And if anyone challenged him on his lies? Blair merely replied, “Do I know I’m right? Judgements aren’t the same as facts. Instinct is not science. I’m like any other human being, as fallible and as capable of being wrong. I only know what I believe.”
Ergo, if Blair believes that war is right, even if he hasn’t a shred of evidence to prove an actual threat to the British people, then war it will be.
Iraq was by no means the only subject on which Blair made clear the right-wing agenda he intends to pursue. He also insisted that his government’s attacks on the welfare state and privatisation policies would be intensified. His watchwords were “We have to modernise,” that “traditional methods of funding” are inadequate and that no challenge can be met “without altering the rest of our welfare state.”
He concluded, “With the courage of our convictions, we can win the third term”—and the delegates duly increased his overall standing ovation total by an additional four minutes.
The reception accorded to Blair says more about the Labour Party than it does about the prime minister.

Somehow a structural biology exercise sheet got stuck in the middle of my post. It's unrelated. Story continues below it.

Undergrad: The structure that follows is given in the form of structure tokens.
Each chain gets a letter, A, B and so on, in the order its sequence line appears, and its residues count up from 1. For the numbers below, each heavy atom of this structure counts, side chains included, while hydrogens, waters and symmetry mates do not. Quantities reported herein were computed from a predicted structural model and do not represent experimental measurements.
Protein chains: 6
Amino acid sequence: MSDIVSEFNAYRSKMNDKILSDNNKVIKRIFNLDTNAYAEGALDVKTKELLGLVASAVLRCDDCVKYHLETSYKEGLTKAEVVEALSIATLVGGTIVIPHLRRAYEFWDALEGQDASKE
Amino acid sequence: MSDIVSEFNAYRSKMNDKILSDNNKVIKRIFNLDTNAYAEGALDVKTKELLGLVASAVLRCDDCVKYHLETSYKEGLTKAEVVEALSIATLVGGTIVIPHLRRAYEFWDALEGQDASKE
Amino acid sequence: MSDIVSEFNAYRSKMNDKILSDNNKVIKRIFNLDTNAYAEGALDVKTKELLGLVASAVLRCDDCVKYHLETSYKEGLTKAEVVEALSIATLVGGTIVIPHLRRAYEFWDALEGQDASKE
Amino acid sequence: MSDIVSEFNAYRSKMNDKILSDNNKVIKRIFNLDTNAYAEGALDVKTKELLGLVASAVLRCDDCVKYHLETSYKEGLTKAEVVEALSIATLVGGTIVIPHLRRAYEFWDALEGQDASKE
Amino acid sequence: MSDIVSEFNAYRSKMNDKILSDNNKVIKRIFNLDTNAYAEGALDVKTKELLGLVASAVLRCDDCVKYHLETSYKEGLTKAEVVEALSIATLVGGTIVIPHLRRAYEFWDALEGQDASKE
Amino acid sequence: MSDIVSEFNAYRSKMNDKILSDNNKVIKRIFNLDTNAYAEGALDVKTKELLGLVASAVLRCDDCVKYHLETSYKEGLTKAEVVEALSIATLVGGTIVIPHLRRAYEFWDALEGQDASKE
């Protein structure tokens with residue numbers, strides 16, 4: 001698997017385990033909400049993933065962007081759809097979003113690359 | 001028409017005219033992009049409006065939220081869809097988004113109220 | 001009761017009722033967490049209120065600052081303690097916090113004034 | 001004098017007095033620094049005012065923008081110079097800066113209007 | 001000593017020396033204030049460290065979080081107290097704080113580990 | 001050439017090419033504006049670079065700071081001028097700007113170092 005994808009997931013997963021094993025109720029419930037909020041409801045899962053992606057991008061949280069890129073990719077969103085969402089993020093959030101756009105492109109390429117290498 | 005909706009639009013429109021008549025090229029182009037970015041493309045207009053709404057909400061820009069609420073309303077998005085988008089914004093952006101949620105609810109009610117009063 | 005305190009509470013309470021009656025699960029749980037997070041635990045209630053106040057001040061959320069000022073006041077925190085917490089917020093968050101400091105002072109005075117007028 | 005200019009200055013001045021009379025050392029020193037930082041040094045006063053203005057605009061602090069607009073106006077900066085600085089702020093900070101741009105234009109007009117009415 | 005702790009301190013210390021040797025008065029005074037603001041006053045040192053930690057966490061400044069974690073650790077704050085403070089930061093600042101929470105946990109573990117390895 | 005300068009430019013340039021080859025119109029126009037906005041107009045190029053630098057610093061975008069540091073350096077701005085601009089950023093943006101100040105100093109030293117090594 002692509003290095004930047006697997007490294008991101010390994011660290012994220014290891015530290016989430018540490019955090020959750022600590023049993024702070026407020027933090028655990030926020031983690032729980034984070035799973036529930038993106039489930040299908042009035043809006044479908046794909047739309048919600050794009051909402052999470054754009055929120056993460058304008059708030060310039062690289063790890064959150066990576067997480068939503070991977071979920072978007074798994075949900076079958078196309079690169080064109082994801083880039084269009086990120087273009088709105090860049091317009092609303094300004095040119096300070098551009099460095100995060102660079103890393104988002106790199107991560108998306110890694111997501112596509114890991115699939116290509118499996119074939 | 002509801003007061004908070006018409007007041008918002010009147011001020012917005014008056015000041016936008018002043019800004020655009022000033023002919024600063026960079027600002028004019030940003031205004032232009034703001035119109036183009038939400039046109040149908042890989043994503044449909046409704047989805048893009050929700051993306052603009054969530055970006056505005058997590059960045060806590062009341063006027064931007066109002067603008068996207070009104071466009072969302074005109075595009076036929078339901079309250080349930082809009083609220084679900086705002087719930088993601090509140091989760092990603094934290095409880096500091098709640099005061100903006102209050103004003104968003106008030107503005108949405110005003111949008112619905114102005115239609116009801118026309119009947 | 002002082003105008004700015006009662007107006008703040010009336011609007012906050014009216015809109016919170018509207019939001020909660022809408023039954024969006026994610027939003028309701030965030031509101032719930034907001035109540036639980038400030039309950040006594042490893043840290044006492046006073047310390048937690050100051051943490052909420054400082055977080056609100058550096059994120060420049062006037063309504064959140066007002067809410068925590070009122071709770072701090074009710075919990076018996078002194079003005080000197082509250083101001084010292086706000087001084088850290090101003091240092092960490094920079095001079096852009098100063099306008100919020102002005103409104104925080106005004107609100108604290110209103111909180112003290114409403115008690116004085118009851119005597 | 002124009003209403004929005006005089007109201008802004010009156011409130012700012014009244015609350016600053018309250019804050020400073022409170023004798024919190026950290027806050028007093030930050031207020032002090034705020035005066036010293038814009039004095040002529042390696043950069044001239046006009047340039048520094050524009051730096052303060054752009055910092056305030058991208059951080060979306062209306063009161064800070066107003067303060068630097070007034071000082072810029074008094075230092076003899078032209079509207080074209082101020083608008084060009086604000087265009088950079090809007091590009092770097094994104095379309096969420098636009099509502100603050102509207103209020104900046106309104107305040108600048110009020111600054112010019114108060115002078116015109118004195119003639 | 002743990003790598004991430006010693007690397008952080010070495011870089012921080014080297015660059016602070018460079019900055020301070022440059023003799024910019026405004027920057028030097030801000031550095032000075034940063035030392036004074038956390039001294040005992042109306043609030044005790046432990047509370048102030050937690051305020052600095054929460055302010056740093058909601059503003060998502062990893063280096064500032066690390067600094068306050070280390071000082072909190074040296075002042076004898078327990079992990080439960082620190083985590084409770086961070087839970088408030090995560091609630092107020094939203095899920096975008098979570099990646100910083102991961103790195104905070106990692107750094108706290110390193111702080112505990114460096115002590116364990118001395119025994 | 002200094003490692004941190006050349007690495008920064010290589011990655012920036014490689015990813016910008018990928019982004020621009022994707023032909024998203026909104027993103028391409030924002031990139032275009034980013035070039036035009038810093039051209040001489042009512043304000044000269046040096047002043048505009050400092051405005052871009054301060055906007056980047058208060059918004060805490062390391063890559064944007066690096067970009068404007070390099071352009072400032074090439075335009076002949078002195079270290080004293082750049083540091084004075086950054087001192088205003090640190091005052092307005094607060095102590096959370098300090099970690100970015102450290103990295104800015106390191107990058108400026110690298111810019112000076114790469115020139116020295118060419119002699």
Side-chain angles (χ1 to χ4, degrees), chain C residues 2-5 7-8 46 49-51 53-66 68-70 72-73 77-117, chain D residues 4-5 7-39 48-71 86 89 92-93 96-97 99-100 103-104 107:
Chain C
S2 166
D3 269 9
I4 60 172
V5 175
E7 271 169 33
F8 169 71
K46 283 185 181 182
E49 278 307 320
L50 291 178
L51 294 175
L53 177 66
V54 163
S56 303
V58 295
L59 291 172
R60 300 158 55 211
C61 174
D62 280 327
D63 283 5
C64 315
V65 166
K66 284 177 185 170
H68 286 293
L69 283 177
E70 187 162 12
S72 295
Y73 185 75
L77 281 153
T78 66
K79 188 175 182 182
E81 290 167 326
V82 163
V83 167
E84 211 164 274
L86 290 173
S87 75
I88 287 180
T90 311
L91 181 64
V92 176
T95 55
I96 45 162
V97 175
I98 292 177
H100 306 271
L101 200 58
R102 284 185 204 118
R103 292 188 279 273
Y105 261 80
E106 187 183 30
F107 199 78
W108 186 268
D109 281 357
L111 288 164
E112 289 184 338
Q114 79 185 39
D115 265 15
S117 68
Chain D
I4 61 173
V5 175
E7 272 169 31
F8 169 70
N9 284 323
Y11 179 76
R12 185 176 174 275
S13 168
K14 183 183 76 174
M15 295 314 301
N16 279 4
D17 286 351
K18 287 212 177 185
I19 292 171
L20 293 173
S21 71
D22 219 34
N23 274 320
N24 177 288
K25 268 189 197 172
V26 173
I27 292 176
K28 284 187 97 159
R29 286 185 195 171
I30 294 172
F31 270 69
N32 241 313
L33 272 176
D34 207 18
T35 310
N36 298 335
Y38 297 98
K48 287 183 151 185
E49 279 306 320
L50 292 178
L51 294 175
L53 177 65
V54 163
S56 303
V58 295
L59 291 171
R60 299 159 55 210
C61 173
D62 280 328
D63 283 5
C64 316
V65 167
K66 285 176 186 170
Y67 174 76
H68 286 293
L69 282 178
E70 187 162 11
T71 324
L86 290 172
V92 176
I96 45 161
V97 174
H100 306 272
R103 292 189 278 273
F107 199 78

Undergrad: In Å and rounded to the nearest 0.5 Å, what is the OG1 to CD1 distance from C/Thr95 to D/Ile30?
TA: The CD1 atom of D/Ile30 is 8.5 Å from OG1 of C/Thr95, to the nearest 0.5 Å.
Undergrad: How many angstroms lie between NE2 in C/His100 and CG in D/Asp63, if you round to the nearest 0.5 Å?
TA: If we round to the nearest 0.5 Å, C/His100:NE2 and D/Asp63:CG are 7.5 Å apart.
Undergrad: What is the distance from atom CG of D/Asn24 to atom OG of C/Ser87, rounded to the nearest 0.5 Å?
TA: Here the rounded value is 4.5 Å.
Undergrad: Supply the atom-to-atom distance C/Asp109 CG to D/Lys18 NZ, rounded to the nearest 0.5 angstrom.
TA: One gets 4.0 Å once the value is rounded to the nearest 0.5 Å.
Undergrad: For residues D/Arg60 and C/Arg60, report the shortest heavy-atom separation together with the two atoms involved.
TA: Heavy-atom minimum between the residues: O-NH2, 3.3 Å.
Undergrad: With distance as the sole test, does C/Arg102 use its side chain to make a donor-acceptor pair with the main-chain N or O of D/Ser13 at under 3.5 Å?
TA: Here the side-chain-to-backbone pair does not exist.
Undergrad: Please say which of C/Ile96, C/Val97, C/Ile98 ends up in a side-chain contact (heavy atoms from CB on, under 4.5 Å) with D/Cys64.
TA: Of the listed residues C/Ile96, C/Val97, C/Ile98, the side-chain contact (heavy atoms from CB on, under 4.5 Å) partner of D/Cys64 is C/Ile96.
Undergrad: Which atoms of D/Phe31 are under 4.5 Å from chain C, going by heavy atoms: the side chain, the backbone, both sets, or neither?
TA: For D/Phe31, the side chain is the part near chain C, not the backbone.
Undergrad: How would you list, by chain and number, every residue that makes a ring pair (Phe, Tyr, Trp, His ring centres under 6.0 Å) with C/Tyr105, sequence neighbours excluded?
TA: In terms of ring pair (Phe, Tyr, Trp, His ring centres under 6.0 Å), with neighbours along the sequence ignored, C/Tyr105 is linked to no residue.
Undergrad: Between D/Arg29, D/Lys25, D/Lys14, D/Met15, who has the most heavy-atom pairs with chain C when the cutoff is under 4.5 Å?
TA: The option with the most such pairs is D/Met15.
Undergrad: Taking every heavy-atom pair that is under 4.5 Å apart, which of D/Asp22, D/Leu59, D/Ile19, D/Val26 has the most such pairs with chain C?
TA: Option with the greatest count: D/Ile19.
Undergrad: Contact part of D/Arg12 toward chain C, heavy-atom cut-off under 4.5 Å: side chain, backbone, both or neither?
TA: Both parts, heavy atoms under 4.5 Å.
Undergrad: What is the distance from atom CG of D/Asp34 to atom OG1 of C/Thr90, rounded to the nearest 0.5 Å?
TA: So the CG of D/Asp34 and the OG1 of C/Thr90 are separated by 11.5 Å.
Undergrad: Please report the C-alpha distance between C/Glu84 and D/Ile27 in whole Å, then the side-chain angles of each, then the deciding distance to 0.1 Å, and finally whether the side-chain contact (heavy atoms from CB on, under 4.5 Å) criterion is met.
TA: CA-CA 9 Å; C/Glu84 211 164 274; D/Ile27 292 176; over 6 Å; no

If ever a party got the leadership it deserved, British Labour is that party.
By any normal criteria, Blair would be considered an electoral liability. Since taking office in 1997, Labour’s membership has halved to a 70-year low of approximately 200,000. It has recorded some of its worst votes in the urban centres, and even the many middle-class people who put Blair in Number 10 seven years ago have since abandoned the party.
Such is the level of disconnect that Labour is incapable of mounting any real electoral campaign on the ground. The majority of the population opposed the war in Iraq and want British troops to be brought home. Labour’s social policies have no popular support, and it stands in opposition to its traditional constituency on every major issue—be it the National Health Service, education, or public services.
Moreover, the prime minister has been widely shown to be an unmitigated liar, who is prepared to trample on the popular will to pursue his own agenda.
But Blair has the support of big business, and that is all he needs, as far as Labour’s apparatus is concerned.